As such, these plays are scored higher than a traditional tackle, which has allowed the offense to gain positive yards before the play ends. You may be saying to yourself, ‘wait a second,’ the thesis statement says that all impact plays are worth three or more points. Still, TFLs are only credited as two-point plays within IDP123 scoring. And technically, you would be right. However, TFLs are still considered tackles, and as such, receive a tackle score and a TFL score. This means the net result of a TFL in IDP123 scoring is actually four points, which fits the parameters of an impact play.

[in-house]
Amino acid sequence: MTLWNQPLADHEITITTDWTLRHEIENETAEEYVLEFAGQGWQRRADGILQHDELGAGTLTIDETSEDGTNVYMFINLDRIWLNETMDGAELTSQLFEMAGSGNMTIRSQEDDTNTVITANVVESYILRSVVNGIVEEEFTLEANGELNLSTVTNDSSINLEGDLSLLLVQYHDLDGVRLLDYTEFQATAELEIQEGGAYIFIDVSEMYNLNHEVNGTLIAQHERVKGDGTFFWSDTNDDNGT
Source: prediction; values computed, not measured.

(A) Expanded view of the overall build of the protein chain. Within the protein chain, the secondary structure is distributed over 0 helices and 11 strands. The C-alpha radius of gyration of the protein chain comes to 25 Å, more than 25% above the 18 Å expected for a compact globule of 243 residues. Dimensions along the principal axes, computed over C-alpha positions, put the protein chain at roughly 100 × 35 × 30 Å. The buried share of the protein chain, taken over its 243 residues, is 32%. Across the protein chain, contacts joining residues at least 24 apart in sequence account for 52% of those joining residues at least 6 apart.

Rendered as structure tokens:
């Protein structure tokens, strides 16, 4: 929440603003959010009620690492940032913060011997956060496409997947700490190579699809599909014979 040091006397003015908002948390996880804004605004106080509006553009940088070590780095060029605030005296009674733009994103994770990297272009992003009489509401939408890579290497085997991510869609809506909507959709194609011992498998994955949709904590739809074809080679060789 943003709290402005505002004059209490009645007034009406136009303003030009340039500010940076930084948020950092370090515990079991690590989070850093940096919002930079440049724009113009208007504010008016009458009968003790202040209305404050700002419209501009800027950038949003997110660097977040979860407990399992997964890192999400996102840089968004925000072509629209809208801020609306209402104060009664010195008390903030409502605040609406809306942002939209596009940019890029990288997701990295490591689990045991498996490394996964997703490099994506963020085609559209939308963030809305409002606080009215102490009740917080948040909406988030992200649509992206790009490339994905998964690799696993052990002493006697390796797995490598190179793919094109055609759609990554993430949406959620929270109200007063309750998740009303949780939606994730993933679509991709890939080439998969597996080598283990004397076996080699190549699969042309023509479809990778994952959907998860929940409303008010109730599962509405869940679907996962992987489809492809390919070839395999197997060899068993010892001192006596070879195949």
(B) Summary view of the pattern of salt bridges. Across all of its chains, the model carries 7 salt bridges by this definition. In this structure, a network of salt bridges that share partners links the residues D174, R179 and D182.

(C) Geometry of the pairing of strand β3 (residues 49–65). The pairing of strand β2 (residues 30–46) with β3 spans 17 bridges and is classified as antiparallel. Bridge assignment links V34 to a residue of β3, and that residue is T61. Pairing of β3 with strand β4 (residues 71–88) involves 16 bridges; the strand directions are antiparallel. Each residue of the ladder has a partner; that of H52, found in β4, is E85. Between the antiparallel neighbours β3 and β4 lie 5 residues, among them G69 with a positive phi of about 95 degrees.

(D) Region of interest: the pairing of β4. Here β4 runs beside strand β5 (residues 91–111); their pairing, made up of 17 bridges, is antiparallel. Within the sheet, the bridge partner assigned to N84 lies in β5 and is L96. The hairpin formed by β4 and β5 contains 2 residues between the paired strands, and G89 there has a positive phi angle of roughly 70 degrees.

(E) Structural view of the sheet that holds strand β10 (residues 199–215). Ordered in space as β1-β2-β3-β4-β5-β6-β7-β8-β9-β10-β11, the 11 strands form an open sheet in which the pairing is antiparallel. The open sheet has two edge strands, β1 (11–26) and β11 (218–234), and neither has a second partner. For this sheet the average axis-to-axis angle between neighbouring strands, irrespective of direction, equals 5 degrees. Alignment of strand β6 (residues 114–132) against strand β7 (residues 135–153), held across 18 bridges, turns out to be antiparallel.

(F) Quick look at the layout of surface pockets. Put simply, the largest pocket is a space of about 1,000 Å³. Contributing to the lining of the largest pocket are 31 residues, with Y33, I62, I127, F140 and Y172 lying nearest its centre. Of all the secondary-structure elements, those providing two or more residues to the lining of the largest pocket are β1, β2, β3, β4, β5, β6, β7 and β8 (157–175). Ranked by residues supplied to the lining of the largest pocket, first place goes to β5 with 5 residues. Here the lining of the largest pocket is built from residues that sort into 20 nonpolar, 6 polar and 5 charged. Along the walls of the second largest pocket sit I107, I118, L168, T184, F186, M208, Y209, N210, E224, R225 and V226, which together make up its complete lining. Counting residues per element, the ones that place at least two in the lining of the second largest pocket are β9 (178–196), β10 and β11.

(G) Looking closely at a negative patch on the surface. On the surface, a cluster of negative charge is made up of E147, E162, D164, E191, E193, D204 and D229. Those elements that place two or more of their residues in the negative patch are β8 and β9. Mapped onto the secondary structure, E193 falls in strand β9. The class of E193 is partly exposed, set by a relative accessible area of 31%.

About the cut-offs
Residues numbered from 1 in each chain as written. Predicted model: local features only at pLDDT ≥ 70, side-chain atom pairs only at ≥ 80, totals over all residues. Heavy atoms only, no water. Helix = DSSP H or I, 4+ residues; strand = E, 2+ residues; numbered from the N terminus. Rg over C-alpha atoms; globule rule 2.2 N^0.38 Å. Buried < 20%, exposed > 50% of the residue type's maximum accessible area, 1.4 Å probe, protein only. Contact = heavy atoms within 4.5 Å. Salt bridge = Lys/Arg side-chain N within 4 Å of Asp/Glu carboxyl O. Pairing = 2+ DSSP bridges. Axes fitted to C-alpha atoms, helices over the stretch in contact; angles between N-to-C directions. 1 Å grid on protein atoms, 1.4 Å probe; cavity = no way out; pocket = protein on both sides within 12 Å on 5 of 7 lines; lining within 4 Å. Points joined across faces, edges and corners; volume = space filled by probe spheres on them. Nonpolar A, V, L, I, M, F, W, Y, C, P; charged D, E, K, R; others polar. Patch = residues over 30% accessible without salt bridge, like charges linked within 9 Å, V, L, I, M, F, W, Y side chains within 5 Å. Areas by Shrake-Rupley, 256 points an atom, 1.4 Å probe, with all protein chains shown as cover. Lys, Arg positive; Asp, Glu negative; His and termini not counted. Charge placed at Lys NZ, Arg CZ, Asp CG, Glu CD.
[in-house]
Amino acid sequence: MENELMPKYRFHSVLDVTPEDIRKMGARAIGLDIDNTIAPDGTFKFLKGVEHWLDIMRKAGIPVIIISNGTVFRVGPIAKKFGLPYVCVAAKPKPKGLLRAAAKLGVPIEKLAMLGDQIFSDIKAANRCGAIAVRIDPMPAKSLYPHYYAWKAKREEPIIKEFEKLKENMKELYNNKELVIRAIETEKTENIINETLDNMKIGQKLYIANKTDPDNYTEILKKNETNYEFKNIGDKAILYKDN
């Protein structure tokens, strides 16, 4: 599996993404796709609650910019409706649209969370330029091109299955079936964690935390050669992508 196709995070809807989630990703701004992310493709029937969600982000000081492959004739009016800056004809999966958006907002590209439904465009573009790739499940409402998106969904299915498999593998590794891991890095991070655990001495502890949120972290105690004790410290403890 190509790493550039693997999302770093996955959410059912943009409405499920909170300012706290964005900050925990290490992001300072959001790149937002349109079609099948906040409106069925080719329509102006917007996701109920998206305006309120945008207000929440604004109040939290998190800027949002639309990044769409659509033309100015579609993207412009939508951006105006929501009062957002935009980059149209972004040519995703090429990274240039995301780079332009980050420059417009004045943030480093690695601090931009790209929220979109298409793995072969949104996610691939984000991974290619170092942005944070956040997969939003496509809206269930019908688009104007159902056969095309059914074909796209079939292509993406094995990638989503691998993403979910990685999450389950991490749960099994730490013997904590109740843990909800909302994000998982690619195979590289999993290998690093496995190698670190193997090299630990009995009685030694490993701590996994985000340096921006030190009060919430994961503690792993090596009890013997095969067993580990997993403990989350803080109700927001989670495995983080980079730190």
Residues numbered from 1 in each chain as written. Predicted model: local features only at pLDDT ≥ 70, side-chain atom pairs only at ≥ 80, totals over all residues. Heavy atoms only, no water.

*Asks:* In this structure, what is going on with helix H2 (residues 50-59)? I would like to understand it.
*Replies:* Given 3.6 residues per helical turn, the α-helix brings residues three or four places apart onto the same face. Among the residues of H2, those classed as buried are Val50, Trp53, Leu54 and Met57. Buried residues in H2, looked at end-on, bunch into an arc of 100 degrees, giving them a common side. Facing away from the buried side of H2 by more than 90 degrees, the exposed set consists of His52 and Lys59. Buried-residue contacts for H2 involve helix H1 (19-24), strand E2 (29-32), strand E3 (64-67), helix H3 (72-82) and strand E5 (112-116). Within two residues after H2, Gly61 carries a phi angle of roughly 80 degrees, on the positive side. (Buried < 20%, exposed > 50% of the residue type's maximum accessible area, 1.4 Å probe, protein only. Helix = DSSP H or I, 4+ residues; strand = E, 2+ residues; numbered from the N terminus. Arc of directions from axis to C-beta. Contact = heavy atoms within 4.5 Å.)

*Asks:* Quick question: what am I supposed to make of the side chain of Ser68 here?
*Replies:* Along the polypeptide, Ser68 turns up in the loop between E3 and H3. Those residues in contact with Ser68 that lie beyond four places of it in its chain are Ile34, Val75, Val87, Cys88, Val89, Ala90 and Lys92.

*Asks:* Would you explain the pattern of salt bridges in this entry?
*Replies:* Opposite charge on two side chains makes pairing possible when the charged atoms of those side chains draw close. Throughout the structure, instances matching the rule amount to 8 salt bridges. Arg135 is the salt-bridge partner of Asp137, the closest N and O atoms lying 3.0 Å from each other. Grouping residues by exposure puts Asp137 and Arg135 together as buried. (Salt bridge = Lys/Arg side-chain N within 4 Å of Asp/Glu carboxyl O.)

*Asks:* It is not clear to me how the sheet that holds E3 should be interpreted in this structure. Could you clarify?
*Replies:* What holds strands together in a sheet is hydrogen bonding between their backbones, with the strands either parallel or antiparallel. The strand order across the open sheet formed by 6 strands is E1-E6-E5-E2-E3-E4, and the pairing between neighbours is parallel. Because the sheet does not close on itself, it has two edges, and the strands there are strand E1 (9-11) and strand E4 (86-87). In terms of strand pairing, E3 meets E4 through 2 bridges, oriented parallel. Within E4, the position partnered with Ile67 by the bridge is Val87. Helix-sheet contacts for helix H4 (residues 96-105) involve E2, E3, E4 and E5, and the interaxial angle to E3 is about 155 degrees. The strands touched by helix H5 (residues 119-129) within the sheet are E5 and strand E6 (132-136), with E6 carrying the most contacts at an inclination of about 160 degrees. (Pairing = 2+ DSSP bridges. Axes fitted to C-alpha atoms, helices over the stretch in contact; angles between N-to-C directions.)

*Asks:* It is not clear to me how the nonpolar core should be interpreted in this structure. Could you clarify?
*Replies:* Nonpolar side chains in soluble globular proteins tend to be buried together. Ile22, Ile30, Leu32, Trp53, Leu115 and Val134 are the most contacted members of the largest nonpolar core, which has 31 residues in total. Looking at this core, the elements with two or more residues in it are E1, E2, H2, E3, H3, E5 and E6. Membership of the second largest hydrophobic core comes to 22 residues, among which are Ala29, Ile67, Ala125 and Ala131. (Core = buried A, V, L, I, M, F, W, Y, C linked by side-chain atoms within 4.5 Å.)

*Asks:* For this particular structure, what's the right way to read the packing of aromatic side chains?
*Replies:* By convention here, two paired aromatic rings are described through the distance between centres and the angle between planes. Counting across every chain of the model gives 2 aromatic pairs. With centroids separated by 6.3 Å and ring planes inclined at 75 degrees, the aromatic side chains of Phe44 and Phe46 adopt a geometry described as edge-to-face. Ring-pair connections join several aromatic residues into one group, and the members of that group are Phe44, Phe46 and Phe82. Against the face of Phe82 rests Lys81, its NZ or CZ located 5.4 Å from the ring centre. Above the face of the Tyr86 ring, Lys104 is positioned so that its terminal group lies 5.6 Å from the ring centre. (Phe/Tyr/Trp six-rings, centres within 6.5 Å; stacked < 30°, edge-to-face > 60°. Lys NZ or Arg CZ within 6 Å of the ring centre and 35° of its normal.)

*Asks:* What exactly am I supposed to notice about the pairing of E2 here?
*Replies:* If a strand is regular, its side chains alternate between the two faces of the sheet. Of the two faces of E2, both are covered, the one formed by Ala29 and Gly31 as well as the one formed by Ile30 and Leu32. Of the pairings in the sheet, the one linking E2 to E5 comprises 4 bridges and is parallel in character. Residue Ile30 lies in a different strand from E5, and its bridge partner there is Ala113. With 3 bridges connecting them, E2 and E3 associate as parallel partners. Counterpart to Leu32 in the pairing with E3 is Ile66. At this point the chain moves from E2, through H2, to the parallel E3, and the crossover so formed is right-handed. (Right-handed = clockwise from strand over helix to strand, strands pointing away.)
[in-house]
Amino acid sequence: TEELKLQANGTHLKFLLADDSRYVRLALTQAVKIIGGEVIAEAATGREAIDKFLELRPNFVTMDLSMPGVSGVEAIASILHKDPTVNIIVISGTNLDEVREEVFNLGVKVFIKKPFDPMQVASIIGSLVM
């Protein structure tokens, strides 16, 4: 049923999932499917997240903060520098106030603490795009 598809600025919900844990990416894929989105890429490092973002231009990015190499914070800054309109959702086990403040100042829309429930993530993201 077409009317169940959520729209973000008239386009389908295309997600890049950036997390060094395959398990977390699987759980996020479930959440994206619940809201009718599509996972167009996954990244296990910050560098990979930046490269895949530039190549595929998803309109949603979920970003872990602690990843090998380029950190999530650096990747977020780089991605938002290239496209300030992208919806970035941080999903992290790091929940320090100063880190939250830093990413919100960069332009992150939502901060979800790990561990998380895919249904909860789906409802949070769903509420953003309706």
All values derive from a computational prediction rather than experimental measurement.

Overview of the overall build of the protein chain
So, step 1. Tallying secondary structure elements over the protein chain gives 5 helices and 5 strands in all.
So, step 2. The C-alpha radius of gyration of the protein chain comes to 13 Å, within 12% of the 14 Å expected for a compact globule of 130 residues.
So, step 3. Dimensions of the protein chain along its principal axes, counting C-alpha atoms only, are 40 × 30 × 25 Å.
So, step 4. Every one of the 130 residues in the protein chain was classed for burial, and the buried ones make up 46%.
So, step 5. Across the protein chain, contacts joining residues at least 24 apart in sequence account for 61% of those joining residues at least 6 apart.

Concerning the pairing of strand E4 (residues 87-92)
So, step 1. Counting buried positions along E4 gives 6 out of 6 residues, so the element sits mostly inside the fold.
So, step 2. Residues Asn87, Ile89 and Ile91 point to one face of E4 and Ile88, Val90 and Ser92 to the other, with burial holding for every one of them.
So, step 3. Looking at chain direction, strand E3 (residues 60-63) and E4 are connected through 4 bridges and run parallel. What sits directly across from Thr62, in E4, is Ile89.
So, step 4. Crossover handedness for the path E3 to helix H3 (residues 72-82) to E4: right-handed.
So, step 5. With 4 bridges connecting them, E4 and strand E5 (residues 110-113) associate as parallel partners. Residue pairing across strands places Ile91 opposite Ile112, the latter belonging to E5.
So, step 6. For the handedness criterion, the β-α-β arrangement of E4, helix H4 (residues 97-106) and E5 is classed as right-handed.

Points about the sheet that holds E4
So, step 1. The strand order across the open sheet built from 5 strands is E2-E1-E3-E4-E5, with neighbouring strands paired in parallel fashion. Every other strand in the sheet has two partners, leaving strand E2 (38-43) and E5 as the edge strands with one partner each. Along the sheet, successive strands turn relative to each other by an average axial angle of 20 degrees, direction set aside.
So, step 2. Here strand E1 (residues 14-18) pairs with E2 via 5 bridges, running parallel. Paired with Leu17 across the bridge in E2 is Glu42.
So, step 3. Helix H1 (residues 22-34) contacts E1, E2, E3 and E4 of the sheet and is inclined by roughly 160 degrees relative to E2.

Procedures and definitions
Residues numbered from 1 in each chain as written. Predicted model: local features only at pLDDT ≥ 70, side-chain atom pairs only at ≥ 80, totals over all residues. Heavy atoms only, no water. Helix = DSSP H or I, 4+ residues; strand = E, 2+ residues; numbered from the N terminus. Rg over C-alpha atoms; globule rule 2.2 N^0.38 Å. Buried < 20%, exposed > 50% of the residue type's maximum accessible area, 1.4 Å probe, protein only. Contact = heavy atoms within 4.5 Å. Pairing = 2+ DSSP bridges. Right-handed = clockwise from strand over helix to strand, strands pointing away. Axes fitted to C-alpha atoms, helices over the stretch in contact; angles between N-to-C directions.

Criteria Met – Creates a turnover opportunity
A forced fumble can be one of the most exciting and influential defensive plays. They can happen anywhere on the field, behind the line of scrimmage to a quarterback being sacked, or 45 yards past the line of scrimmage by a wide receiver as he’s being tackled. The key to this defensive play is that when a fumble is forced, it creates an opportunity for a turnover, or a fumble recovery, by the defense. Not all fumbles are recovered by the defense, though, so the play itself can end up having no real impact on the game except to rattle the offensive player who fumbled. But forced fumbles, when recovered by the defense, can change the momentum of a game in a way few plays can.
Criteria Met – A turnover